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The Prestige 590 has many of the features that represent the modern flybridge cruiser – spacious living on three levels, dual joystick controls (from saloon and flybridge), and the ability to host a large amount of day visitors across its fore and aft decks.
The three-cabin, three-bathroom 590 is part of the French builder’s Flybridge line, which is penned by regular collaborators Garroni of Italy to cleverly disguise a fairly large motor yacht at 61ft.
Since its 1989 inception, initially within the Jeanneau brand, the Prestige range has grown steadily to have 13 models between 40-75ft and become a separate division of the company, although still part of the enormous Beneteau Group.
As the years passed, the Prestige aesthetics have smoothed while retaining the signature large windows to soften the tall hulls, but inside much has changed from their earlier models. The Pod drive revolution allows these boats to be handled easily by the family man who may have kids running about, but thanks to smart systems, one eye can be kept on them as well.
“Modern family boats are our core business, which we liken to having their own private island at sea,” Product Manager Erik Stromberg told me.
So, moving with the times is another reason for Prestige’s prominence in the mid-range motor cruiser segment, despite an increasingly competitive global market. To find out more, I spent a day on and off the water at Cannes with the design team that included Camillo Garroni.
The sleek yet understated lines of the Prestige 590 sat alongside the dock may not have caught my eye like some of the other more ostentatious and of course larger craft that surrounded me, yet the Garroni team has created a stylish and I’d say pretty boat that is about the right proportion in terms of length-to-height ratio.
“The 590 is a very important boat because it is the middle of our range, so a transition model for both the smaller and larger Prestige yachts,” explained Garroni as we talked in the saloon.
Clean aesthetics combined with a streamlined profile make this Prestige 590 Flybridge a sleek 61-footer, largely due to the low-slung flybridge. I’ve experienced this design on other models in the range because it has the advantages of reduced windage and under-bridge height, but the cost is lower-than-comfortable bulwarks in a rocky seaway. However, that’s a small minus in what is a well measured evolution of this range.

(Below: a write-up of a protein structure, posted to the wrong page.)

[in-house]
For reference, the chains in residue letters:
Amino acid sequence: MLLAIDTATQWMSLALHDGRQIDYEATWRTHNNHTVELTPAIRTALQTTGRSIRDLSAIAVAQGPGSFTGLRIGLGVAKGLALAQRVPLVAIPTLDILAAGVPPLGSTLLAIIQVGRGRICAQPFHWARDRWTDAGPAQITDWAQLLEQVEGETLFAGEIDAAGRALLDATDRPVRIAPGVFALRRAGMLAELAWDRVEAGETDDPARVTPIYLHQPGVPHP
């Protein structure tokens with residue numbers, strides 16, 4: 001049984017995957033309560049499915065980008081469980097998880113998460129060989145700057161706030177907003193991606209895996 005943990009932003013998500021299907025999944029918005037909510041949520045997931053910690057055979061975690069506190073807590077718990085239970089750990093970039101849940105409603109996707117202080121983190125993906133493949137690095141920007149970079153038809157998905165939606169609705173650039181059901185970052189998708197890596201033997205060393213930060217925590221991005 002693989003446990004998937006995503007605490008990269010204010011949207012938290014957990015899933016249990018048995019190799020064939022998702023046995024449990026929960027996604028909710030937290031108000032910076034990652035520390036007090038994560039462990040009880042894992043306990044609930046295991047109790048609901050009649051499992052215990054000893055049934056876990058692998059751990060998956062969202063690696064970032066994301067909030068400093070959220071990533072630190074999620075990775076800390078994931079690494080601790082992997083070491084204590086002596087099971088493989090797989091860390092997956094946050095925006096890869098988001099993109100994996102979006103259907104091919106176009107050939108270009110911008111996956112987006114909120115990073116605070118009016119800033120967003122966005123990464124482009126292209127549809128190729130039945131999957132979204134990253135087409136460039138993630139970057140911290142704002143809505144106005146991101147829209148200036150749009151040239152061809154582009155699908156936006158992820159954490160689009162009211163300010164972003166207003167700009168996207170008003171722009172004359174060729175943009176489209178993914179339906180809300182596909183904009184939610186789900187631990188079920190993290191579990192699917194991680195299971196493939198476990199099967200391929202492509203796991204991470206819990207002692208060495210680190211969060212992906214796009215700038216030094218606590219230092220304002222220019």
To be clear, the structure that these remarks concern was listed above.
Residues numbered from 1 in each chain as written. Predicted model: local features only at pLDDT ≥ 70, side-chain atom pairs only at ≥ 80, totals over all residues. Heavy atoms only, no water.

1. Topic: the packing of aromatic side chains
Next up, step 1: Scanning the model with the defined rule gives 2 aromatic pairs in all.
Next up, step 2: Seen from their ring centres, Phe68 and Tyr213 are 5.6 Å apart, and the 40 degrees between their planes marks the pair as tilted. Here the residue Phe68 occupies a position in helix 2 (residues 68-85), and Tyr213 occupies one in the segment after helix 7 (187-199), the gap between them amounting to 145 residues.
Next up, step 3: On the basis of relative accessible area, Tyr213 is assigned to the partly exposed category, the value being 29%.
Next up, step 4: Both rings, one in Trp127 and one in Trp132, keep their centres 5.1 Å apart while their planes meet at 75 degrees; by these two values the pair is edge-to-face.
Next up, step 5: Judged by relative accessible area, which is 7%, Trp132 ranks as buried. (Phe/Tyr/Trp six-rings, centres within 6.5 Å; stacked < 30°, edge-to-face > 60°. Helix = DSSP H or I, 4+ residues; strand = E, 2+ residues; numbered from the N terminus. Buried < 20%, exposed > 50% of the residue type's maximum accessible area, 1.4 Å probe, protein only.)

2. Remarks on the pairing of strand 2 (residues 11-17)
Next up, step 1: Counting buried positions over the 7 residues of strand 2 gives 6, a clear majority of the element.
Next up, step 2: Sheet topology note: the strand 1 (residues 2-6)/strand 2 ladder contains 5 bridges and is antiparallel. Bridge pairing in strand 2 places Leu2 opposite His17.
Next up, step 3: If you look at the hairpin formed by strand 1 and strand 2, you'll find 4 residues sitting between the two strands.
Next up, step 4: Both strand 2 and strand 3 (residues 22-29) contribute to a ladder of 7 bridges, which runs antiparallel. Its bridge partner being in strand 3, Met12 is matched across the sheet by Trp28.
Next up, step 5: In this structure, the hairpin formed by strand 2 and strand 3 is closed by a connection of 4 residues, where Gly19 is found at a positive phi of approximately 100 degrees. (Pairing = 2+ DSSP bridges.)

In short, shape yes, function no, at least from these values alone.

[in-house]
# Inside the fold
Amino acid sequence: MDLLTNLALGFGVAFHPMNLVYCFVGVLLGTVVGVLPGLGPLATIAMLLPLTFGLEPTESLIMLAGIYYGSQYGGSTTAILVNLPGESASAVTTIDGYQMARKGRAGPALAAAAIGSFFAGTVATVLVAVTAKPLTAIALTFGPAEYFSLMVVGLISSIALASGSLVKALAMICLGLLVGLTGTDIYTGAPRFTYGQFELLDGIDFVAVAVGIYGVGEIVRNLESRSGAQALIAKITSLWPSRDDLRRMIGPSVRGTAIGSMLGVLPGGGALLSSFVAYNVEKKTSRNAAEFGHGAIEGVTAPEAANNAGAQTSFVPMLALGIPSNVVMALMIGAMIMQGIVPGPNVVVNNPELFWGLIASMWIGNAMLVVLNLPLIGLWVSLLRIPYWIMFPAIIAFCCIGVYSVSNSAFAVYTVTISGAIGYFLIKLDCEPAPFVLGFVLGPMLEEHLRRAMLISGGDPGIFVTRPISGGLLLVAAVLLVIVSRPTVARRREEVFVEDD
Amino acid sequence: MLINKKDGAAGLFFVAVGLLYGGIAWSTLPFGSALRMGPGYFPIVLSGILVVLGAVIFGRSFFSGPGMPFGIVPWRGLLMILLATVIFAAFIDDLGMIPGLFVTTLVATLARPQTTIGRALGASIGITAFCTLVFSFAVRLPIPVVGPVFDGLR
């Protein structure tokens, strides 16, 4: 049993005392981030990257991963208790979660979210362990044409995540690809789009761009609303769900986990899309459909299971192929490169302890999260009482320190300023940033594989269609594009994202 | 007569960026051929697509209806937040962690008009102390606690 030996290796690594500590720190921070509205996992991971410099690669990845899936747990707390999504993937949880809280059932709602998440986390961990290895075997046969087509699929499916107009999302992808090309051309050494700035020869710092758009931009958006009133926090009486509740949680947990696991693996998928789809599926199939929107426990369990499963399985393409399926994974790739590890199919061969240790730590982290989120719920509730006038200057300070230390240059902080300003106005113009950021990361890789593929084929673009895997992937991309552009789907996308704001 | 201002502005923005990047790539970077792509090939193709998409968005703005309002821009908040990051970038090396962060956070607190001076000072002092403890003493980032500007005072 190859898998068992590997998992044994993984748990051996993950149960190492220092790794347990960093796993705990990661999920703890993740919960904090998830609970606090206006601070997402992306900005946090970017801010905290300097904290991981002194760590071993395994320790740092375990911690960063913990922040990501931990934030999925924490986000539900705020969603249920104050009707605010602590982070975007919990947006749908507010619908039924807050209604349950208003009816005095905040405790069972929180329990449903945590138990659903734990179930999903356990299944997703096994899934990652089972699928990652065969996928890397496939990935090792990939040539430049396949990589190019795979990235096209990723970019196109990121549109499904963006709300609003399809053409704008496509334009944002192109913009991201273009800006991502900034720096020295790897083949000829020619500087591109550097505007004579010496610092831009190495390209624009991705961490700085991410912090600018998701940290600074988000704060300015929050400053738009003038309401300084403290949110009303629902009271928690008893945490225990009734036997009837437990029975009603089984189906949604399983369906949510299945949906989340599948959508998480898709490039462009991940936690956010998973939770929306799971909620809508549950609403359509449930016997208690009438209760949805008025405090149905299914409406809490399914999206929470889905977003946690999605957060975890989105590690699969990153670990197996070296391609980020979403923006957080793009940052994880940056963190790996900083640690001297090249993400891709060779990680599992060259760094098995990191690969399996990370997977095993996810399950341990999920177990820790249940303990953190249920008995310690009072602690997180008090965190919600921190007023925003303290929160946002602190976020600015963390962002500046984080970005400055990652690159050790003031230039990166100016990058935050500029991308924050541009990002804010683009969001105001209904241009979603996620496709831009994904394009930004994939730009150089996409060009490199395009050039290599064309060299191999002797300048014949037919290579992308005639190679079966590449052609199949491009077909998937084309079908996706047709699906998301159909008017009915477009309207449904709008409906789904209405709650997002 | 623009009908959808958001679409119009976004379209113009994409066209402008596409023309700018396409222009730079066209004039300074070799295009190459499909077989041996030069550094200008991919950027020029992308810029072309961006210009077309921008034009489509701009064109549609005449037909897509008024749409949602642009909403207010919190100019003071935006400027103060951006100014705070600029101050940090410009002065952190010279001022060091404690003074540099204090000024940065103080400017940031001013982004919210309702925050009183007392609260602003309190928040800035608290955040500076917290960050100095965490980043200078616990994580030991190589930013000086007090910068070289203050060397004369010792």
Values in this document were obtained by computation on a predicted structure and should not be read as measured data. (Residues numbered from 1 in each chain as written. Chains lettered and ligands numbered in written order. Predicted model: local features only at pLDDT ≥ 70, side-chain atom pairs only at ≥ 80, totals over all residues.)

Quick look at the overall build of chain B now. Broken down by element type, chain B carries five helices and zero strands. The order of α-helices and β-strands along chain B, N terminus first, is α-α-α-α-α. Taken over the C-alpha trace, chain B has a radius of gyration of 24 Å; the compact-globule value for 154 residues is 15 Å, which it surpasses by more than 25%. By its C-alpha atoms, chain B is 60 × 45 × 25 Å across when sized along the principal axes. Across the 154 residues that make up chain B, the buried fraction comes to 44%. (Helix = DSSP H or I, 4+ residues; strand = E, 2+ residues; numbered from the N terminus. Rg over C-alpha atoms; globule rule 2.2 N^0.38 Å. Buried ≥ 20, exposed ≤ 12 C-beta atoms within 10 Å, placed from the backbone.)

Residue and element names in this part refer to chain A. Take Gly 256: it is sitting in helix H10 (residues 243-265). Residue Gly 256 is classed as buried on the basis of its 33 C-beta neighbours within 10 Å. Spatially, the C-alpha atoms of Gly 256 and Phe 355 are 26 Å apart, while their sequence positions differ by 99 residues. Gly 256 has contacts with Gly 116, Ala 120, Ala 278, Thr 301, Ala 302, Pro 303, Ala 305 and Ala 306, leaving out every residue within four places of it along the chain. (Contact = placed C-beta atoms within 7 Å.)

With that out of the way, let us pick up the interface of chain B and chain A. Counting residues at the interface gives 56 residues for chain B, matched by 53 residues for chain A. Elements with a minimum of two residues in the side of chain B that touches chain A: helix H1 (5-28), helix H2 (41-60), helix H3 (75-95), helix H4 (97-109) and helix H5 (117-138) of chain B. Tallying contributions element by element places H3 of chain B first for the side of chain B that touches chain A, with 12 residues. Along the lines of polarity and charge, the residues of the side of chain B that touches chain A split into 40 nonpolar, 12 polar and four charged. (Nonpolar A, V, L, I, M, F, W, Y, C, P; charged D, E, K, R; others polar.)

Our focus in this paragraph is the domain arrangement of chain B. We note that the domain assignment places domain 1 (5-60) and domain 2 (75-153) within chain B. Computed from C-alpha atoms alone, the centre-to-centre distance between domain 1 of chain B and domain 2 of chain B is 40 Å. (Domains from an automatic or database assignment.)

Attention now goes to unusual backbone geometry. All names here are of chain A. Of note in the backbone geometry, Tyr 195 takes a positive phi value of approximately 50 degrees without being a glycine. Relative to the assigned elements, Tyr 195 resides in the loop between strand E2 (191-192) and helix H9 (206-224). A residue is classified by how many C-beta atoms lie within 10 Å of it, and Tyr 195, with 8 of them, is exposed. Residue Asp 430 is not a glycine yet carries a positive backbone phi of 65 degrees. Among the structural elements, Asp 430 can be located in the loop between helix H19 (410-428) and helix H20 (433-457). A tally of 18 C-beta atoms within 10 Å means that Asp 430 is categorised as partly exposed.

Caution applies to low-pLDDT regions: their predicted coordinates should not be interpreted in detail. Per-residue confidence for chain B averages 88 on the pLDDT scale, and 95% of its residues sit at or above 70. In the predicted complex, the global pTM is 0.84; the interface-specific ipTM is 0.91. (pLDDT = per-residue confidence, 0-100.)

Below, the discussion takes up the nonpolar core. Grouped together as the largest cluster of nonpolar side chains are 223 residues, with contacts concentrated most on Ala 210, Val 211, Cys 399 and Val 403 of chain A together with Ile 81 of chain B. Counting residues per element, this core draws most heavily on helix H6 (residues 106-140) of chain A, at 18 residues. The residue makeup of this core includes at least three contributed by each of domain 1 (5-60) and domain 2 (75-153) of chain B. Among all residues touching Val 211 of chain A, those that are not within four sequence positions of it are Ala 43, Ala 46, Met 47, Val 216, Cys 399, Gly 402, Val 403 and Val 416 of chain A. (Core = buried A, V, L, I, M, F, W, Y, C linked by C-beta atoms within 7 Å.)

The flybridge is reached via solid teak steps with guardrail and a gentle incline guiding me safely aloft to this spacious area where a snug corner bench with table awaits at the back and wetbar/grill opposite.
The flybridge helm to portside is a functional space for steering and has the wheel, throttles, Zeus joystick and two Raymarine plotters. Its location well behind the forward visor – to create sunbed space – prevents clear views of the bow, so some steerers may have to stand when manoeuvring, although it’s a fairly sheltered perch to deflect the wind at speed, as I found off Cannes.
The helm seat is not quite a double so an extra 12 inches more would create a comfy space for two while the surrounding sunpads can cope with two tall adults and a child easily; just swing over the canvas bimini when the sun strengthens or choose the GRP version.
Looking down on the decks from the flybridge showed a fairly practical layout including midships cleats, tall lifelines and handrails alongside the triple elevating sunpads on the wide bow area.
These pads are set on a raised bulkhead which is a continuation of the saloon, allowing more space below decks but also a comfy bracing position for bow riding. Anchoring was well taken care of with a large Lewmar vertical windlass/capstan with substantial Plough anchor housed in a sturdy bow roller. Side decks are about a foot wide, so sufficient for moving around between bow and transom.
At the transom gunwale, the optional capstans are welcome, given this is a 20-tonne hull. Water access is via a single portside gate to the wide teak swim platform, which can house a dinghy on chocks, while at sea level there’s a hand rail with ladder for bathers. The teak platform and similar cladding on the aft cockpit enhances the barefoot enjoyment of these two areas.
The aft cockpit layout has L-shaped bench seating around the transom on starboard side, with a large teak table alongside, shaded by the overhanging flybridge. The transom bench also contains the hatch to the crew quarters, which has a bunk and ablutions with wide aft window. Alternatively, a dinghy garage can be optioned on the 590, which is a good choice for cruising. Underfoot, a teak-clad hatch in the centre of the cockpit leads to the twin Cummins engines.
GORGEOUS GALLEY AND SALOON
The single-level cockpit gives easy access to the saloon via sturdy sliding doors with teak scuppers to prevent water ingress. Inside, the saloon has the favoured aft galley which has a large window elevating outwards for maximum airflow.
Natural light abounds from the tall side windows that sensibly are vertically inclined to avoid direct rays, and to starboard is a side-deck door for the skipper. The open-plan layout has the U-shaped dinette central, behind the starboard main console. The adjustable table can also turn the area into a berth.
Six can comfortably sit around the table while opposite, several more guests can relax on the L-shaped sofa and enjoy the panoramic views at eye level. Despite the tall step between galley and saloon, forward headroom remains nearly 2.0m.
The galley has a spacious yet seagoing layout, with the surrounding galley bench reducing the number of cooks, but ensuring everyone has a handhold when they need one. Apartment-like layouts are lovely in port, but at sea when you’re bobbing about at the cooker, the ability to lean against a rounded bulkhead is welcome. There’s also ample room for appliances and storage. Pity about the lack of fiddles, though, around the ceramic cooktop with oven and deep sink.
Perishables are kept in a tall household style fridge-freezer and there’s a microwave. Ample overhead locker space is another plus, with stylish lacquered white doors contrasting nicely with the dark Alpi laminate.
MIDSHIPS OWNER’S CABIN
There are three cabins and the widest part of the vessel – midships – is devoted to the owner’s ensuite that has its own stairway at the back of the saloon. Underway, this has the kindest motion but most noise due to the engines just behind the bed bulkhead.